McDonald’s profits are climbing As inflation-weary customers flock to its restaurants

McDonald’s reported Tuesday that U.S. customers are visiting its restaurants more frequently, helping the fast-food giant beat Wall Street estimates for fourth-quarter revenue and earnings. For the second quarter in a row, the company saw an increase in domestic traffic, contrary to the industry trend. Many consumers have cut back on restaurant spending in response to inflation. But McDonald’s largely benefited from the change in consumer behavior, as many of them switched from full-service restaurants to their Big MacNuggets and Big MacNuggets.

“Overall, the consumer, whether in Europe or in the U.S., is actually holding up better than we probably expected a year ago or six months ago,” CEO Chris Kempczynski said on the company’s conference call Tuesday morning.
The fast-food giant expects short-term inflation to continue into 2023, though executives said U.S. inflation has probably peaked. Kempczinski said the company predicts a “mild to moderate” recession in the U.S. and a “deeper and longer” recession in Europe.

Kempczinski’s cautious tone came after a couple of positive economic statements. The eurozone surprised economists by reporting fourth-quarter growth in its GDP, and the International Monetary Fund raised its global growth forecast for 2023, though its forecast is still relatively weak.

McDonald’s stock fell more than 2 percent in morning trading Tuesday. Here’s what the company reported compared to what Wall Street expected, based on a survey of Refinitiv analysts:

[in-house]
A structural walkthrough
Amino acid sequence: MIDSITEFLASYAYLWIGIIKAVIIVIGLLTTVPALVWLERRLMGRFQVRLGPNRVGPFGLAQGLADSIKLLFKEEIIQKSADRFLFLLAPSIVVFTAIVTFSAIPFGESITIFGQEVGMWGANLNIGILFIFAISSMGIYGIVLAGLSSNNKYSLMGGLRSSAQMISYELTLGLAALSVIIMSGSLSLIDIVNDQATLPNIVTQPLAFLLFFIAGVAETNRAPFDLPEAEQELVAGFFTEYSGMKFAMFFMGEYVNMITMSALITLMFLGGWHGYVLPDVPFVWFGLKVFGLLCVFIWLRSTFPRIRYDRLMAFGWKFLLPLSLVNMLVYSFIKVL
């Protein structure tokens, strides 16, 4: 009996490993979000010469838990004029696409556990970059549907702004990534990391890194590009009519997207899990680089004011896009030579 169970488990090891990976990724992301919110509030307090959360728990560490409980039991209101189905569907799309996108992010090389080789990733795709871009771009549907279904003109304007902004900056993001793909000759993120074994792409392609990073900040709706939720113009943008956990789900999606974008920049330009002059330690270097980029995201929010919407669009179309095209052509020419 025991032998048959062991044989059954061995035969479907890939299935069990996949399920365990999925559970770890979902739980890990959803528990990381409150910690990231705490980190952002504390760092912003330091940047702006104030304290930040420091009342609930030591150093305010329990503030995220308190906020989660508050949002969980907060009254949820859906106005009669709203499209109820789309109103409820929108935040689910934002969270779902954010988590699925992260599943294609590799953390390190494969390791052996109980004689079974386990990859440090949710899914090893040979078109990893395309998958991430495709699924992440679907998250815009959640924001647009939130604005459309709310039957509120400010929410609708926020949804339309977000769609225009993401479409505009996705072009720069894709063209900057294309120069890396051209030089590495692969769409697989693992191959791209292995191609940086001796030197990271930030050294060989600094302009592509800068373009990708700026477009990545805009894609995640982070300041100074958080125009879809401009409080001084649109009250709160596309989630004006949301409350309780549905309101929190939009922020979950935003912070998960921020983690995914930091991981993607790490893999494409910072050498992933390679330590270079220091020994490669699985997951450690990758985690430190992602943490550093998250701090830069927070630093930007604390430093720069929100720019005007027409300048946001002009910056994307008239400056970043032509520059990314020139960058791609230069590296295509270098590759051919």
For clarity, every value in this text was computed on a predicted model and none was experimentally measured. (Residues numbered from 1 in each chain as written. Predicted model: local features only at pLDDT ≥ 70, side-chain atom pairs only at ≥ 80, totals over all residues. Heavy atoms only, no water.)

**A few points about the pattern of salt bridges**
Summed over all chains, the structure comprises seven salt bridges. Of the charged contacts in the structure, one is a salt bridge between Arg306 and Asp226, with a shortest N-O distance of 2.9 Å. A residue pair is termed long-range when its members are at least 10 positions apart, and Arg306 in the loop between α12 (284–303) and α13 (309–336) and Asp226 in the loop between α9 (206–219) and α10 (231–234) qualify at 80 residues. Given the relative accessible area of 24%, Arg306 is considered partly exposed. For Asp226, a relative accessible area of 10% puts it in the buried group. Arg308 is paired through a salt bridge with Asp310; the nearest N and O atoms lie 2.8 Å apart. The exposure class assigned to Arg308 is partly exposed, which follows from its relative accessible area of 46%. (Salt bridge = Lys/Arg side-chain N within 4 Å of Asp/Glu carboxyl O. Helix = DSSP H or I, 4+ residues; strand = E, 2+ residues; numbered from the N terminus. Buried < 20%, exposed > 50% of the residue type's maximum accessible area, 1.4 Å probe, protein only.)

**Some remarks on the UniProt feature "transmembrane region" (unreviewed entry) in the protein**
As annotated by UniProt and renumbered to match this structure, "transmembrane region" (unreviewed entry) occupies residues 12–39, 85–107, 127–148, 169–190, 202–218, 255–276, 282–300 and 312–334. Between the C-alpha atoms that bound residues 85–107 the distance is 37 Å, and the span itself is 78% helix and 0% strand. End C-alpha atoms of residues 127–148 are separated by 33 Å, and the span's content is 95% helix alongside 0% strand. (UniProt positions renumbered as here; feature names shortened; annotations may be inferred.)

Earnings per share: $2.59 versus expected $2.45
Revenue: $5.93 billion versus expected $5.68 billion
The company reported fourth-quarter net income of $1.9 billion, or $2.59 per share, compared with $1.64 billion, or $2.18 per share, a year earlier.

Net sales fell 1% to $5.93 billion, but rose 5% after excluding changes in foreign currencies. Worldwide same-store sales were up 12.6% for the quarter, thanks to strong demand in the U.S. and major European markets.

In McDonald’s domestic market, higher menu prices and increased demand drove same-store sales up 10.3%, exceeding StreetAccount’s estimate of 8.1%. Executives said low-income consumers are still ordering less, but are returning more often than in the previous two quarters. The company also highlighted the success of its McRib promotion, which dubbed its annual limited-time product revenue a “farewell tour.”
Outside the U.S., the company also posted stronger-than-expected growth. Its International Markets segment reported same-store sales growth of 12.6 percent, helped by strong performance in the U.K., Germany and France.

Its International Division of Licensed Development Markets showed same-store sales up 16.5%, driven by Japan and Brazil. However, sales in China were disappointing because of government restrictions related to Covid.
McDonald’s anticipates opening 1,900 new restaurants in 2023. More than 400 of those will be in U.S. and other markets, and the rest will be opened by licensee-developers.

Earlier in January, the company said it would accelerate new restaurant development as part of a broader shift in strategy. McDonald’s plans to open 100 more new chain restaurants this year than expected in 2022.
The company plans to use $2.2 billion to $2.4 billion in capital spending this year. About half of that money will be used to develop new restaurants in the U.S. and international markets.

In addition, McDonald’s plans to give European franchisees in need of financial assistance $100 million to $150 million in 2023. Chief Financial Officer Kevin Ozan said higher food and energy costs have put pressure on operator margins and cash flow.